The source for the number is apparently Star Wars: Absolutely Everything You Need to Know. Moreover, the bounty from Jabba is not the only reward Boba Fett received. Even before he takes Han away, Boba Fett has already been paid by the Empire for locating the Millennium Falcon on Bespin. The viewing audience does not get to see all of the discussions between Boba Fett and Darth Vader, about how much the bounty hunter gets and who he is allowed to take into his own custody. However, Vader has probably already paid out an amount comparable to how much Boba Fett expects to collect from Jabba—leaving the bounty on Chewie as little more than chump change.

*This wanted poster is presumably a joke and not meant to be a literal in-universe document, for any number of obvious reasons. I doubt that, even on the relative fringes of the Galactic Empire, private bounties were openly posted for Imperial law enforcement to see. Moreover, it seems extremely unlikely that anyone had considered the possibility that Han Solo would be brought back to Tatooine frozen in carbonite. And, most egregiously, the poster says bringing Solo back dead would be fine—which Boba Fett specifically states is not the case in The Empire Strikes Back: "He's no good to me dead."

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    Heh, The Mandalorian has retconned carbonite freezing into a common practice for bounty hunters.
    – Harabeck
    Nov 23 '20 at 14:52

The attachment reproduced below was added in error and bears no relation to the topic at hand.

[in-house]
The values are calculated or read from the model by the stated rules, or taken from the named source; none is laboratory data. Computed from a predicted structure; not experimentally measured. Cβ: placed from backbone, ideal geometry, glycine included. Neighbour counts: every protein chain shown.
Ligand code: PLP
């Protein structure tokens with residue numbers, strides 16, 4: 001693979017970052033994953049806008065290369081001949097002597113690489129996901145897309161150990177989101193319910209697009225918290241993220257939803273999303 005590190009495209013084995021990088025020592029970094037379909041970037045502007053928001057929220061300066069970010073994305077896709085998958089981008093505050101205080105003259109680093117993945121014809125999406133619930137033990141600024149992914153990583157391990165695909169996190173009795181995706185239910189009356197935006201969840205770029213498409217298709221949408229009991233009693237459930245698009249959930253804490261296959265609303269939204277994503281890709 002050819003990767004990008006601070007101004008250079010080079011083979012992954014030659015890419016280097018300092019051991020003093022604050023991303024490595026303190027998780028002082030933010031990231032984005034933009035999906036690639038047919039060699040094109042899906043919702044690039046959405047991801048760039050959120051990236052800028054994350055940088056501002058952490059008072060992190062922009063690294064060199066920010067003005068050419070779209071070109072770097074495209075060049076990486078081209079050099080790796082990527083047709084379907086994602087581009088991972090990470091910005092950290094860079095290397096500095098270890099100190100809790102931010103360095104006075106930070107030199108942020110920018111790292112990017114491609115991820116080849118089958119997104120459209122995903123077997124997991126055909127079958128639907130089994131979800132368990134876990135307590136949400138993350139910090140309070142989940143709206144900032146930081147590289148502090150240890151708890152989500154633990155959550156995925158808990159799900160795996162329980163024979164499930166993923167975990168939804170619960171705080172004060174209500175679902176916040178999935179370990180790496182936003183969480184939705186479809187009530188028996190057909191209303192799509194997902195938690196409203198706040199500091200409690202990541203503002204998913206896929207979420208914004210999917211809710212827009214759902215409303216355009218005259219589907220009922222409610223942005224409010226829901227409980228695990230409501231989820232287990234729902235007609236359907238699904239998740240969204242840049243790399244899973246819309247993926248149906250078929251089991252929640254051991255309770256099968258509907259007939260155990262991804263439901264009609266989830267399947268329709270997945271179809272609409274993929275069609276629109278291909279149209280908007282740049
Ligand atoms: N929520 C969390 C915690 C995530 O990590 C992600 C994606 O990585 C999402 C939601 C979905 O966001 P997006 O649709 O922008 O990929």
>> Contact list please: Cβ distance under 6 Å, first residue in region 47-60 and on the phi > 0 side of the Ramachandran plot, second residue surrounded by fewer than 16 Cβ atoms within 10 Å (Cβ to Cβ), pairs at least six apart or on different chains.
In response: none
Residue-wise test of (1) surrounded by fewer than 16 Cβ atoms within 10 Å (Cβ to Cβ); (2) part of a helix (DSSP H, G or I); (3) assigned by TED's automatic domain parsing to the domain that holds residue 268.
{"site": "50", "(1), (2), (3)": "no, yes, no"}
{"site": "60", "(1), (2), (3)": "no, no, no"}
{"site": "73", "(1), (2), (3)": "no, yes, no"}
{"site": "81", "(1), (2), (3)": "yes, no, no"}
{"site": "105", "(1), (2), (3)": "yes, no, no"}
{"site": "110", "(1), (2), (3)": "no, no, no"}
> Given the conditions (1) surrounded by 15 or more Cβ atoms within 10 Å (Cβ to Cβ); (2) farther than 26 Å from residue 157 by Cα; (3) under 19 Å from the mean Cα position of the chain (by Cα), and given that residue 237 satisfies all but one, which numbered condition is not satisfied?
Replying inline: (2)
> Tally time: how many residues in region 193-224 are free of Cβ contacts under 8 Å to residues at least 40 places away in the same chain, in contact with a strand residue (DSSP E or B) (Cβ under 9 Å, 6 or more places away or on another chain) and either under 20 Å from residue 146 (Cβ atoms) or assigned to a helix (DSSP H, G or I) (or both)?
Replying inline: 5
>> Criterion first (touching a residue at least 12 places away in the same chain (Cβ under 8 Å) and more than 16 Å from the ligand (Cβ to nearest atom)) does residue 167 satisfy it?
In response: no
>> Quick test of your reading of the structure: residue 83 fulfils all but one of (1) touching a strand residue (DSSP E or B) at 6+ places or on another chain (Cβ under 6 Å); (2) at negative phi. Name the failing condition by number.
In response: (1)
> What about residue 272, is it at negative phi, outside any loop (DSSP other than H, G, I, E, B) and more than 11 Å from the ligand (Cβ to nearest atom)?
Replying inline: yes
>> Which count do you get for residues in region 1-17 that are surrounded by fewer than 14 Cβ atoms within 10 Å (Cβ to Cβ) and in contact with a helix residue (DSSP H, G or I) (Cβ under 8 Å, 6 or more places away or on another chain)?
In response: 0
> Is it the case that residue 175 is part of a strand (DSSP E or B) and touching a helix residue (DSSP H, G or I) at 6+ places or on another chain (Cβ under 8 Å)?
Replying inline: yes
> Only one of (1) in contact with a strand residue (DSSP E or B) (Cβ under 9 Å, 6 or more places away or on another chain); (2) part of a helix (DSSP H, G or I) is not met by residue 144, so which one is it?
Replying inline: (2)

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    @Harabeck The Mandalorian takes place after ROTJ, so there was time for it to spread Nov 23 '20 at 15:27
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    @Harabeck that isn't a retcon Nov 23 '20 at 15:40
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Fett is just trying to quit while he's ahead. He can see firsthand just how terrible an idea it is to try haggling with Vader. So he makes the smallest request he can that turns a profit for him, and as long as Vader looks like he's sticking to the terms of that deal, he doesn't ask for more. (The one time he does object, it's when Vader is putting his prize bounty at risk.)

After all, which would you rather have: one bounty and a clean getaway, or two bounties and Lord Vader angry at you?

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Lando's Ever Collapsing Deal

Lando's deal was initially to use Han and co as bait for Luke. When Vader later talks about freezing Han and giving him to Fett, we get this

Lando: What about Leia and the Wookie?

Vader: They must never again leave this city.

Lando: That was never a condition of our agreement, nor was giving Han to this bounty hunter.

Vader (threateningly): Perhaps you think you're being treated unfairly?

Vader backs off the deal with Lando step by step. It's a careful and meticulous ploy. Rather than simply showing up and demanding Lando help him capture Luke, turn over his two friends and the princess, Vader first uses the latter three as bait with no other cost. Then he 'decides' to freeze Han to test the industrial carbonite chamber, and give him to Fett. Next it is Leia and Chewbacca have to stay in Cloud City. Finally Vader demands Lando hand over the last two. Which triggers Lando to rebel, but only after Vader's plans are mostly complete.

If Vader had just demanded all of that from the beginning, there is little chance Lando would have gone for it, he might have fought back from the start.

And for all we know, Vader might have given Chewie to Fett after they left (if Lando had handed them over). Or he might have had a use for Chewie. As a bargaining chip with Jabba or the Wookies, for example.

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  • Two points here. Firstly, it was learning that Vader was going to control the city (by stationing a garrison) that caused Lando to rebel. Secondly, this answer doesn't address why Vader didn't give Fett the Wookiee.
    – Valorum
    Nov 22 '20 at 19:07